George L. Eliceiri, MD, PhD

Saint Louis University (SLU)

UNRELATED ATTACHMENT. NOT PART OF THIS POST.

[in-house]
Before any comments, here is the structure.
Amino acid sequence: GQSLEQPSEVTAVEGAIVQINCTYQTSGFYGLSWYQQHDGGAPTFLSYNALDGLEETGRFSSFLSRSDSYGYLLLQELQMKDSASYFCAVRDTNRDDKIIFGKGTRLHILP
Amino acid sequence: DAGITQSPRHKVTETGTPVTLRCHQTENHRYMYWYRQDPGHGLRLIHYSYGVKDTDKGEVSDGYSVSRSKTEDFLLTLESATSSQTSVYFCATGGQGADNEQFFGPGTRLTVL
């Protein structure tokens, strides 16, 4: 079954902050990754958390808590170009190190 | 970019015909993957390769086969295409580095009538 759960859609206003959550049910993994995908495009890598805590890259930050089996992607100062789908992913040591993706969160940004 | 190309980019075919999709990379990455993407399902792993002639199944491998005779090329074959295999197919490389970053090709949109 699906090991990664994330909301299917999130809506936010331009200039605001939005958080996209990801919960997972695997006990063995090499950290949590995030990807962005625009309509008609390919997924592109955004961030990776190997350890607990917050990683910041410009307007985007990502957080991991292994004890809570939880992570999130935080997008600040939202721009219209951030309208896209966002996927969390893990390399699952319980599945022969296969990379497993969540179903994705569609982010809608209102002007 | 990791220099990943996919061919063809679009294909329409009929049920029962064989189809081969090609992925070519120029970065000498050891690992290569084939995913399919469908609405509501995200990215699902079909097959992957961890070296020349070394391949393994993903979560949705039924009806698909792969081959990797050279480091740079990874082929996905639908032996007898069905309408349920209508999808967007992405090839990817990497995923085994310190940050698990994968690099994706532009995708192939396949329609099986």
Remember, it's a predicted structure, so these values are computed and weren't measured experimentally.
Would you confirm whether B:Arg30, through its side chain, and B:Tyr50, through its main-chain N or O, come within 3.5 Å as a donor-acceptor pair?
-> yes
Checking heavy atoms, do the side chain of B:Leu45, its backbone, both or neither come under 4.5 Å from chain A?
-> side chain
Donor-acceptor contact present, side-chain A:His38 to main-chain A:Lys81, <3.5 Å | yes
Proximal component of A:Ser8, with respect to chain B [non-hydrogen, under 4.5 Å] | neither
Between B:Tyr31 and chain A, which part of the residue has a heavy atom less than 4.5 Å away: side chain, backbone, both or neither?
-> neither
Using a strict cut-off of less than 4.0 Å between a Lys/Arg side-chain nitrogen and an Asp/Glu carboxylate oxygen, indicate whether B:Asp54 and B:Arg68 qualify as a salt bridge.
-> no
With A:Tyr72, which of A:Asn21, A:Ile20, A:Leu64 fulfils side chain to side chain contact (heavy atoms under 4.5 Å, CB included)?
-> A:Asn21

Both invasion and migration are required for cancer metastasis. We are interested in some signaling pathways that control invasion and migration, because this is important for molecular targeted cancer therapies and to understand the regulation of cancer development. Our findings include the following. First, we detected many new specific signaling pathways from cancer regulators to cancer-modulating matrix metalloproteinases (MMPs), which differ widely in cells of various cancers. Second, many of these signaling pathways specifically inhibit MMP expression in cells of some cancers, but stimulate it in others. Third, each of many proteins enhances invasiveness in cells of some cancers, but suppresses it in others. Fourth, almost all of the invasiveness-modulating proteins known to have experimentally verified activation, inhibition or binding interactions with each other are linked in a single network, in a “hub-and-spoke” architecture. Fifth, cell invasiveness is modulated by cancer cell MMPs whose gene expression levels are very low.